Since the start of the COVID-19 pandemic over a year ago, alcohol and substance use has surged in the United States, along with overdoses from opioids. To save lives, using practical strategies to reduce the negative effects of substance use, or harm reduction strategies should become federal health policy now, urges experts Kimberly Sue, MD, PhD, and David Fiellin, MD, from the Yale Program in Addiction Medicine.
In a new commentary, “Bringing Harm Reduction into Health Policy — Combating the Overdose Crisis,” published in The New England Journal of Medicine, they urge the Biden administration to name, embrace, and implement harm reduction programs to save American lives. In addition to expanding treatment, they argue, there is a need for additional measures to abate the tidal wave of death from overdoses. Additionally, they say funds should be allocated to combat the health inequities and racial injustice for Black Americans who are suffering from a disproportionate rise in deaths from substance use disorders, along with COVID-19.
Sue is an instructor (general medicine) at Yale and medical director of the National Harm Reduction Coalition. Fiellin is a professor of medicine (general medicine), emergency medicine, and public health at Yale, and director of the Yale Program in Addiction Medicine.
In a conversation they discuss how COVID-19 has worsened what was already a dire national crisis, strategies that help reduce harm in vulnerable populations, and how federal policies can reduce overdose deaths. The below conversation was condensed and edited.
Q: How has COVID-19 affected people with alcohol or substance use disorders?
David Fiellin: Substance use disorders and the overdose crisis were the country’s “pre-existing condition” coming into the COVID-19 pandemic. The COVID-19 pandemic has essentially collided with the opioid epidemic. We know that during the pandemic, there’s been increased use of substances, and increased isolation due to physical and social distancing. Unfortunately, there have been restrictions on access to treatment and the entire treatment paradigm has changed to a more virtual approach from a direct in-person approach. As well, we’ve seen a rise in fentanyl and deadly fentanyl analogs and rapid changes in drug supplies. These are all on top of the increased economic and family stressors that all individuals are experiencing during this time. So the collision of these two epidemics has been a real challenge for individuals who use substances.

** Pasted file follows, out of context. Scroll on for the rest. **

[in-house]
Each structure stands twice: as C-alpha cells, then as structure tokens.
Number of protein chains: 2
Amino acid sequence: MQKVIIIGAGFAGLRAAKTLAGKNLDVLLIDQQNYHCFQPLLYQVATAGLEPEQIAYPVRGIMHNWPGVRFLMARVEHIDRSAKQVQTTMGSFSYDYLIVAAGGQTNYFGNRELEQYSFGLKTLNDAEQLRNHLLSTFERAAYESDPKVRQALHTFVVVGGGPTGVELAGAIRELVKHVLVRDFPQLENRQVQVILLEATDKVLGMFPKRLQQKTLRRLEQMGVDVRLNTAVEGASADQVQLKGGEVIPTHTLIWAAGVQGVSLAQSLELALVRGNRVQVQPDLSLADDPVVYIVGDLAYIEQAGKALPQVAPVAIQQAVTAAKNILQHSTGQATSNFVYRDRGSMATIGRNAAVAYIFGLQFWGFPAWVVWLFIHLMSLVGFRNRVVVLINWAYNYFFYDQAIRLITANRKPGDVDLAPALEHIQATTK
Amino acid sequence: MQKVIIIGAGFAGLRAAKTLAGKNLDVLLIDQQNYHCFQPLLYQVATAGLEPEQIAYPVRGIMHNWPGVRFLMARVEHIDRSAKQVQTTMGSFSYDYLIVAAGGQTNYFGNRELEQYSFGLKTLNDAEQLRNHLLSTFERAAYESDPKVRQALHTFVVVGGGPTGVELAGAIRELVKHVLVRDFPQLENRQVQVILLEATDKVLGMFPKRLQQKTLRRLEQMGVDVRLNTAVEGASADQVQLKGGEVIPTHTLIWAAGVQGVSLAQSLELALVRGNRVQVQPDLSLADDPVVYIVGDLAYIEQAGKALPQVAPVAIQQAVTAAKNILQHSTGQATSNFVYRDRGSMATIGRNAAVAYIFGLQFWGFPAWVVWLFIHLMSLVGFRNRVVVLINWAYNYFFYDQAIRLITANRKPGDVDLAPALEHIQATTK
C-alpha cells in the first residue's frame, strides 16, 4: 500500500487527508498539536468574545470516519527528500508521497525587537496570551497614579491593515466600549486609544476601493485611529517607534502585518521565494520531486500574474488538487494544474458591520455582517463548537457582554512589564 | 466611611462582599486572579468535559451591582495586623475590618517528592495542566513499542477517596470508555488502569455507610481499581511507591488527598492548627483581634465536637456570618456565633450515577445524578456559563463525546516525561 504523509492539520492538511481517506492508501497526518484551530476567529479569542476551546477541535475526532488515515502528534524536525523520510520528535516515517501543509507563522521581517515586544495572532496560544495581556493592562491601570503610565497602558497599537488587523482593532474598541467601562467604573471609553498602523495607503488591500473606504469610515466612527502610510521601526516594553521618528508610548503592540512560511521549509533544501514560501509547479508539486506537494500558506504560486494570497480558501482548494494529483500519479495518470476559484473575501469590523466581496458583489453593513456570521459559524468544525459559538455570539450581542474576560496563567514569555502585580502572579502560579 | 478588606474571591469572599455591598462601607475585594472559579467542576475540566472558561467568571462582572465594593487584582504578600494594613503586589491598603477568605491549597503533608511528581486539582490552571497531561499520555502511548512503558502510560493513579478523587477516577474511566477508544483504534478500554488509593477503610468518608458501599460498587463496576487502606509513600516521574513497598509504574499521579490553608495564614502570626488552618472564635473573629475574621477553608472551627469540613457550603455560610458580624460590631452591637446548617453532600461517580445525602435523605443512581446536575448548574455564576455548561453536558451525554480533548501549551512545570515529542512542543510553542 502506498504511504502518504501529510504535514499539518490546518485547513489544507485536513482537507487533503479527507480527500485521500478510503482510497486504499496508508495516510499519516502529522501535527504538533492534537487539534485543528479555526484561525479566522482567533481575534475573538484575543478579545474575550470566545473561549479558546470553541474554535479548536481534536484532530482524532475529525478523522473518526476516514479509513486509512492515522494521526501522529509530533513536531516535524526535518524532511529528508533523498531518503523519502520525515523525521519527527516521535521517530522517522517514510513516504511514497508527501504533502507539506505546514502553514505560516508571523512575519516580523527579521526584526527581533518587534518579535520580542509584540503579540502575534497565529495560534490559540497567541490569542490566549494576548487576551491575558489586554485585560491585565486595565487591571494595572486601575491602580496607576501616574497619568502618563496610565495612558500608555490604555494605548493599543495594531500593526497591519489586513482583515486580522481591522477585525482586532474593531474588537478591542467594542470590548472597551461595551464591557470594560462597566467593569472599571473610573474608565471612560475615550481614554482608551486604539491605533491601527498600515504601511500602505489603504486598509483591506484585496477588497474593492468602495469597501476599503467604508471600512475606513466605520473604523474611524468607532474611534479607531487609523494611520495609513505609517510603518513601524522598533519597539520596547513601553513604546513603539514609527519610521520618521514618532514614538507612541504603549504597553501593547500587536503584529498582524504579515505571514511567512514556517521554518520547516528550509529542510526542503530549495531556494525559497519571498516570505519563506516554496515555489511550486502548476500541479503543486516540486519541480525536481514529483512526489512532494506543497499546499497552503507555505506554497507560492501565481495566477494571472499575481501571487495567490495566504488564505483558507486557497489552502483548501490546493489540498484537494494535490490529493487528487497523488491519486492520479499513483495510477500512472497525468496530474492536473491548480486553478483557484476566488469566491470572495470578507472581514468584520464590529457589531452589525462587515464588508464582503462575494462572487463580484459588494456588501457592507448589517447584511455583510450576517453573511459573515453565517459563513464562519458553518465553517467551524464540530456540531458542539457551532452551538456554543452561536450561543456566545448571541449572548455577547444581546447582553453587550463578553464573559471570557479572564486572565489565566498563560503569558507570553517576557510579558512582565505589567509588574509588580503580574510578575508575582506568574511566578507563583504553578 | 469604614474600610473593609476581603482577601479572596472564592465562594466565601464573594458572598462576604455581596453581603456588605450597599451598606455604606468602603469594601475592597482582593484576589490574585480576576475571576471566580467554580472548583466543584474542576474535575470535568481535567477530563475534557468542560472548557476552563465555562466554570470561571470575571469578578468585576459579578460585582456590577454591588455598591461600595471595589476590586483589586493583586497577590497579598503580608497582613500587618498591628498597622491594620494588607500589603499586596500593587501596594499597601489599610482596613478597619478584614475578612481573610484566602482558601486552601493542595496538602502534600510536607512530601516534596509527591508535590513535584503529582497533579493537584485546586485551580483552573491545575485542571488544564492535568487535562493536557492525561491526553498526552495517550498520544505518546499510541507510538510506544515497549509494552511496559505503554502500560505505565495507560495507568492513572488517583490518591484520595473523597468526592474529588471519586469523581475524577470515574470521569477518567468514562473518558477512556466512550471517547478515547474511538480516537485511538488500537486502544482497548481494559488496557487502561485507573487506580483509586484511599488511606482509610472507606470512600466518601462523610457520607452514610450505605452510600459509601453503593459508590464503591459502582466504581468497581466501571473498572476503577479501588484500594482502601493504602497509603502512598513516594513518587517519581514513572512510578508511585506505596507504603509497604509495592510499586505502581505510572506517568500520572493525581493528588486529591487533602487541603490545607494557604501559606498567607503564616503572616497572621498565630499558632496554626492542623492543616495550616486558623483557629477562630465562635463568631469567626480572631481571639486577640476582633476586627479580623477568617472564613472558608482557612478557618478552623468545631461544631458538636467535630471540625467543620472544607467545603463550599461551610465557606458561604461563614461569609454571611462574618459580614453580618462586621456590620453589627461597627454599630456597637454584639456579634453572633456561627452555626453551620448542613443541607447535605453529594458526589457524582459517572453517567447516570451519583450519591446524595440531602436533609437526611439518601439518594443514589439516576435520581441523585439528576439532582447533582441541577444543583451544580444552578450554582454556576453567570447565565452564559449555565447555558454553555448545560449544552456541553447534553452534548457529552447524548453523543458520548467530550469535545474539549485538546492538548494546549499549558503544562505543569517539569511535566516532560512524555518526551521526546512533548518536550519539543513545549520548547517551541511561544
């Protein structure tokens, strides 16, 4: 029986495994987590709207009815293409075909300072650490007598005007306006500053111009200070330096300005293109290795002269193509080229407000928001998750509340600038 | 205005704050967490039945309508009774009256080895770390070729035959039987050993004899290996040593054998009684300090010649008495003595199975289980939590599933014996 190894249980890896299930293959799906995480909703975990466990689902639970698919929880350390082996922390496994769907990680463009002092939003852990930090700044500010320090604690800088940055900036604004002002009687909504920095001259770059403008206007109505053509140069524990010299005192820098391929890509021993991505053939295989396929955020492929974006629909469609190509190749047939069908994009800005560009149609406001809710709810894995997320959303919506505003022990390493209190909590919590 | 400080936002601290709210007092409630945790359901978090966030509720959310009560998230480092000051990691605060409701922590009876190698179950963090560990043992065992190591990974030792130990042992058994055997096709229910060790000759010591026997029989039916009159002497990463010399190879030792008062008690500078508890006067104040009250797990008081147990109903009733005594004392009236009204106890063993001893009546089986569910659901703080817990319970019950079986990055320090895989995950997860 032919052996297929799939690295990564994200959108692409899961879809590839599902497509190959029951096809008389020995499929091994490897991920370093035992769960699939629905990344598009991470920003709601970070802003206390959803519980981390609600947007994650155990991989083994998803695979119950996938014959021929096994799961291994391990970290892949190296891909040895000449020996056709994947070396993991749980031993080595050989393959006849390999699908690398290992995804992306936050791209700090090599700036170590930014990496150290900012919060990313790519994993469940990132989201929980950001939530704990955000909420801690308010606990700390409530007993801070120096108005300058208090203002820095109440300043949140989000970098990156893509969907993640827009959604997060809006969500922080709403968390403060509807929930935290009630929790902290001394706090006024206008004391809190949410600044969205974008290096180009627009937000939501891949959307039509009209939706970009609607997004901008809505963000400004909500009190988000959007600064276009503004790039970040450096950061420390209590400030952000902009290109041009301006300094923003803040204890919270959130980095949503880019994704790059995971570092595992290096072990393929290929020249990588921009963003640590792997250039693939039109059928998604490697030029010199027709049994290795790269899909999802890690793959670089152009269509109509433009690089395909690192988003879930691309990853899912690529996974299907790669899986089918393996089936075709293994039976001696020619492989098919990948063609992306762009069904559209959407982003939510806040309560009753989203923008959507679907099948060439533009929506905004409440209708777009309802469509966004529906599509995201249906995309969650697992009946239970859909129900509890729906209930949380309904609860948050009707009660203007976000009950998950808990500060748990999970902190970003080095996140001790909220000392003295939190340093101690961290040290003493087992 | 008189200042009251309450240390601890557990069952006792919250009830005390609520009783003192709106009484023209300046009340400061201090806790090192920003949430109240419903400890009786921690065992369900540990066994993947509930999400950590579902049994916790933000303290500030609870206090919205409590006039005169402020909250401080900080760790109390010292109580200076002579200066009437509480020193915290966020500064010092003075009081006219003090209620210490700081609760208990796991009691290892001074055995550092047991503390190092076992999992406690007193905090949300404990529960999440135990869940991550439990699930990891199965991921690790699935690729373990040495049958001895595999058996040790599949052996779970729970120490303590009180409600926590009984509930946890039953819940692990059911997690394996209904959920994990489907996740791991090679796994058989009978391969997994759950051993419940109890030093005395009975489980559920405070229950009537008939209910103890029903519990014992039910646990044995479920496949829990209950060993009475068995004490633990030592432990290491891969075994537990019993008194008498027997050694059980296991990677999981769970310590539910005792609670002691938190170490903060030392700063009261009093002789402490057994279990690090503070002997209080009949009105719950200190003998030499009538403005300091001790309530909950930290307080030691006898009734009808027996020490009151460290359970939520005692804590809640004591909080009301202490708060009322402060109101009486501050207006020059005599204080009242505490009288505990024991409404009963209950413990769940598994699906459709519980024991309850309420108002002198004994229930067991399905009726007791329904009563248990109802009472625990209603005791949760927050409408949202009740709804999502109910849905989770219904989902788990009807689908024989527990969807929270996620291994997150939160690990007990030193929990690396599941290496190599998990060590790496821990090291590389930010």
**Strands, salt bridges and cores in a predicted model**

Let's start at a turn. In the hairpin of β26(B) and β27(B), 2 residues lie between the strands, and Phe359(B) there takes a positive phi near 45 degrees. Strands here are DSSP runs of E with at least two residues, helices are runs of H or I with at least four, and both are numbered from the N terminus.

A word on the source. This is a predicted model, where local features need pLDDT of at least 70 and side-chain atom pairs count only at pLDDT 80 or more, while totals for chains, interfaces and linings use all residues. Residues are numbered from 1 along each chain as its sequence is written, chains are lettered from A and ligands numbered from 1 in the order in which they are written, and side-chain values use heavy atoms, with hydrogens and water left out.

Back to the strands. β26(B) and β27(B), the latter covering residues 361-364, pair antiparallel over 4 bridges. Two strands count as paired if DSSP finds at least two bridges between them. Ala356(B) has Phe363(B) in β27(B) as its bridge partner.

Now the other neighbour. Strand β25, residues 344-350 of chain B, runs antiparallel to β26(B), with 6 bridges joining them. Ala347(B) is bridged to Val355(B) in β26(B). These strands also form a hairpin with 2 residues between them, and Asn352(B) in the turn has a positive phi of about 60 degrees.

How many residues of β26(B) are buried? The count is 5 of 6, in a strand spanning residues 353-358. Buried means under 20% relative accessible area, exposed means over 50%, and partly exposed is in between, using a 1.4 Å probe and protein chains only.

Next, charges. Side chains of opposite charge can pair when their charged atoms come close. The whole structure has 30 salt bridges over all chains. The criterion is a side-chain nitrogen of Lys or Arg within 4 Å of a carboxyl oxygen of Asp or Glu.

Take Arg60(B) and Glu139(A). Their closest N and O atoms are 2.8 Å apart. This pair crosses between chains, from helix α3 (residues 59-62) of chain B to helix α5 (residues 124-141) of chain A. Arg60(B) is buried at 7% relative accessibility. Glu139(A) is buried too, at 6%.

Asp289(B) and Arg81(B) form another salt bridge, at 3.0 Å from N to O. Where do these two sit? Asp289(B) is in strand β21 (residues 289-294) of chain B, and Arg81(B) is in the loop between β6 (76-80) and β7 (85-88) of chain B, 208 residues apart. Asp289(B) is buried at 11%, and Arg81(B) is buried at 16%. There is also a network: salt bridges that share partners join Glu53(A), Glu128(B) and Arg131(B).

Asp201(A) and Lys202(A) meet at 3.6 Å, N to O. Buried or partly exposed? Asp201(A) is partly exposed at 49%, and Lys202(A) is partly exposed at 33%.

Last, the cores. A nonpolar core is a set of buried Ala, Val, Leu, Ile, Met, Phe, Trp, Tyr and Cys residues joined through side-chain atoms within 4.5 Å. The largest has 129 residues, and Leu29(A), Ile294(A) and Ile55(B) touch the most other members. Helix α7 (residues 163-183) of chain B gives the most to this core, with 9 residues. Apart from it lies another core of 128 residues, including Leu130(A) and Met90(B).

Q: What are harm reduction strategies and how might they help this population?
Kimberly Sue: Harm reduction strategies are simply a variety of tips and techniques that we can use where we don’t ask that people have or require abstinence, but really rather that people can use more safely and avoid harmful outcomes. Harm reduction strategies range from a variety of programs, including syringe service programs where people can exchange used syringes for sterile syringes. We have overdose education and naloxone distribution (OEND), which are community-based programs that distribute naloxone, a medication used to reverse opioid overdose, as well as trains people who use drugs and their family and friends to recognize opioid overdoses and use the medication. Drug-checking, which is a strategy that people use around the world, examining substances for purity and for the presence of contaminants or impure aspects of the supply, like fentanyl, as David mentioned. And overdose prevention sites or centers, safer consumption spaces, which are places where people can use substances and trained people will respond and take care of them in case they overdose or have another untoward outcome.
Q: You both recently co-authored a commentary in New England Journal of Medicine, where you talk about harm reduction strategies or policies in the United States. So can you explain the history or lack thereof of harm reduction strategies or policies in the U.S.?
Fiellin: The United States has had a fluctuating history of recognizing and endorsing harm reduction strategies, especially as they relate to people who use substances and have substance use disorders. We use harm reduction strategies all the time in other parts of medicine and public health. Unfortunately, we tend to think of substance use disorders in non-medical terms. As a primary care physician and somebody who treats patients who have depression, schizophrenia, diabetes, asthma, I recognize that in…
News Read More: Make Harm Reduction Federal Health Policy Now, Says Yale Experts